In Vivo Micro Tomography

  • Adrian Kohlbrenner
  • Bruno Koller
  • Stefan Hämmerle
  • Peter Rüegsegger
Part of the Advances in Experimental Medicine and Biology book series (AEMB, volume 496)

Abstract

The diagnosis of osteoporosis is challenging. Usually, the disease progresses slowly, and it is therefore difficult to detect osteoporosis early, or to document the progression of the disease and the effect of a treatment. Several researchers have observed that bone quality cannot be assessed reliably with bone density alone, and that bone microarchitecture has to be considered as well.1-4In spite of these findings, clinical diagnosis still relies almost exclusively on the measurement of bone density. Three-dimensional computed tomography offers a way out of this dilemma. Laib, Rüegsegger, et al. showed with a three-dimensionalin vivoCT scanner that bone structure provides valuable additional information on the skeleton.5,6In recent years, microtomography became an increasingly popular method to image complex structures with features in the micrometer range. A microtomographic system typically assesses a sample in 3D at high spatial resolution, and thus allows unobstructed visual access to the sample’s inner structure. Regardless of whetherin vivoorin vitromeasurements are to be performed, high spatial resolution is the prime factor guiding today’s CT scanner developments. Dose and scanning speed become important issues forin vivomeasurements. Since patient or subject movement have an adverse effect on image quality, the scanning speed ofin vivoCT systems has to be as short as possible.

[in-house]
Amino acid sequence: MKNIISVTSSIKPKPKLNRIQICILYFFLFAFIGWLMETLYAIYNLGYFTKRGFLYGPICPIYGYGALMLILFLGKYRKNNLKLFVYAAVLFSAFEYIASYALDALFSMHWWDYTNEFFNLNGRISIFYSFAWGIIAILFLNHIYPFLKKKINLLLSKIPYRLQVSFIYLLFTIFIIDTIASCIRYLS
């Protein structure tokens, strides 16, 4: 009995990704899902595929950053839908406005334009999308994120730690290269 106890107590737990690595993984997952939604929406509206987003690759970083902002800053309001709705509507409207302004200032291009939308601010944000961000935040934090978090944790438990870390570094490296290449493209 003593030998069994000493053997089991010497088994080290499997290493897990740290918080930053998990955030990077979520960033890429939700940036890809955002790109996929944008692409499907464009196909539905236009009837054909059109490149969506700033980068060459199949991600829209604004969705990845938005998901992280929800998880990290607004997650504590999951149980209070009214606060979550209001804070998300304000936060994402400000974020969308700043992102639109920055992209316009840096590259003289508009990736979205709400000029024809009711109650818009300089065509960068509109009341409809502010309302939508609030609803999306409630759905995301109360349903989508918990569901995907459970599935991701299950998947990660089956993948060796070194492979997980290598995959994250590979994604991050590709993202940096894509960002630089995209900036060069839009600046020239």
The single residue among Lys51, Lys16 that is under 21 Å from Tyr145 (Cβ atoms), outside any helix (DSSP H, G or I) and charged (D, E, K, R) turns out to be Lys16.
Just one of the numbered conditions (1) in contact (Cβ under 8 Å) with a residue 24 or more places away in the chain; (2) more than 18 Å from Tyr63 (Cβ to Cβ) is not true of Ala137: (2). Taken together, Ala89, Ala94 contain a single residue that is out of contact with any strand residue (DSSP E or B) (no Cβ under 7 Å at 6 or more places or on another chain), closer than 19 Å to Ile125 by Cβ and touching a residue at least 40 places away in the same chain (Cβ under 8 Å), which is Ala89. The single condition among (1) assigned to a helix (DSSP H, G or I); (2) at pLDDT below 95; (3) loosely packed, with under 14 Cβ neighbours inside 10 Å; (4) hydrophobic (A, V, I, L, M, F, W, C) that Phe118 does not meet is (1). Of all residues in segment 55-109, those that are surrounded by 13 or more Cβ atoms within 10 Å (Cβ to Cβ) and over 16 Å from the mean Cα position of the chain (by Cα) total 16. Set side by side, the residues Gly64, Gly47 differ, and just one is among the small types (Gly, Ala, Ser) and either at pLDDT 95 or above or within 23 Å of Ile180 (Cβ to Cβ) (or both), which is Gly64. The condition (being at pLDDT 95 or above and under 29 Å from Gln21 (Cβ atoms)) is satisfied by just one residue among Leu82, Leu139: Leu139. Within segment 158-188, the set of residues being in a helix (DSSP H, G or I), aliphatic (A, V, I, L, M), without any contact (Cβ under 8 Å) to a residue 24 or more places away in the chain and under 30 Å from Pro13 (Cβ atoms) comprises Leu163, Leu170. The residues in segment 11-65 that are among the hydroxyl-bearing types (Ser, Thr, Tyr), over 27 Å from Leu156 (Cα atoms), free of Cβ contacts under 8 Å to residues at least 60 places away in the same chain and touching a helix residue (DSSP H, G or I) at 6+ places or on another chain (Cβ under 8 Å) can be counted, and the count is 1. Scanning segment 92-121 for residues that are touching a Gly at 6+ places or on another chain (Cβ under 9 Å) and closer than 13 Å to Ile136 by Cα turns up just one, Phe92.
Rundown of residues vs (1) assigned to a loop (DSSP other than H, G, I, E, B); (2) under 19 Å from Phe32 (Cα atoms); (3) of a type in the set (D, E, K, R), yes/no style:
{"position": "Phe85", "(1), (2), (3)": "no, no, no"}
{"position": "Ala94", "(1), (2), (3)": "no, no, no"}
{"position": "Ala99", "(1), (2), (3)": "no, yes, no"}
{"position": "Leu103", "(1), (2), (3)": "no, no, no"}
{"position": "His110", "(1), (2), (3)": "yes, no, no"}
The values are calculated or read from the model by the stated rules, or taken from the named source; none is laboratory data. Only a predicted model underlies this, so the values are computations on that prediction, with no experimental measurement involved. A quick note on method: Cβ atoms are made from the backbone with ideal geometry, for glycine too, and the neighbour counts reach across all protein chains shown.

Keywords

Osteoporosis Tungsten 

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Copyright information

© Springer Science+Business Media New York 2001

Authors and Affiliations

  • Adrian Kohlbrenner
    • 1
  • Bruno Koller
    • 2
  • Stefan Hämmerle
    • 2
  • Peter Rüegsegger
    • 1
  1. 1.Institute for Biomedical EngineeringUniversity and ETH ZürichSwitzerland
  2. 2.Scanco Medical AGBassersdorfSwitzerland

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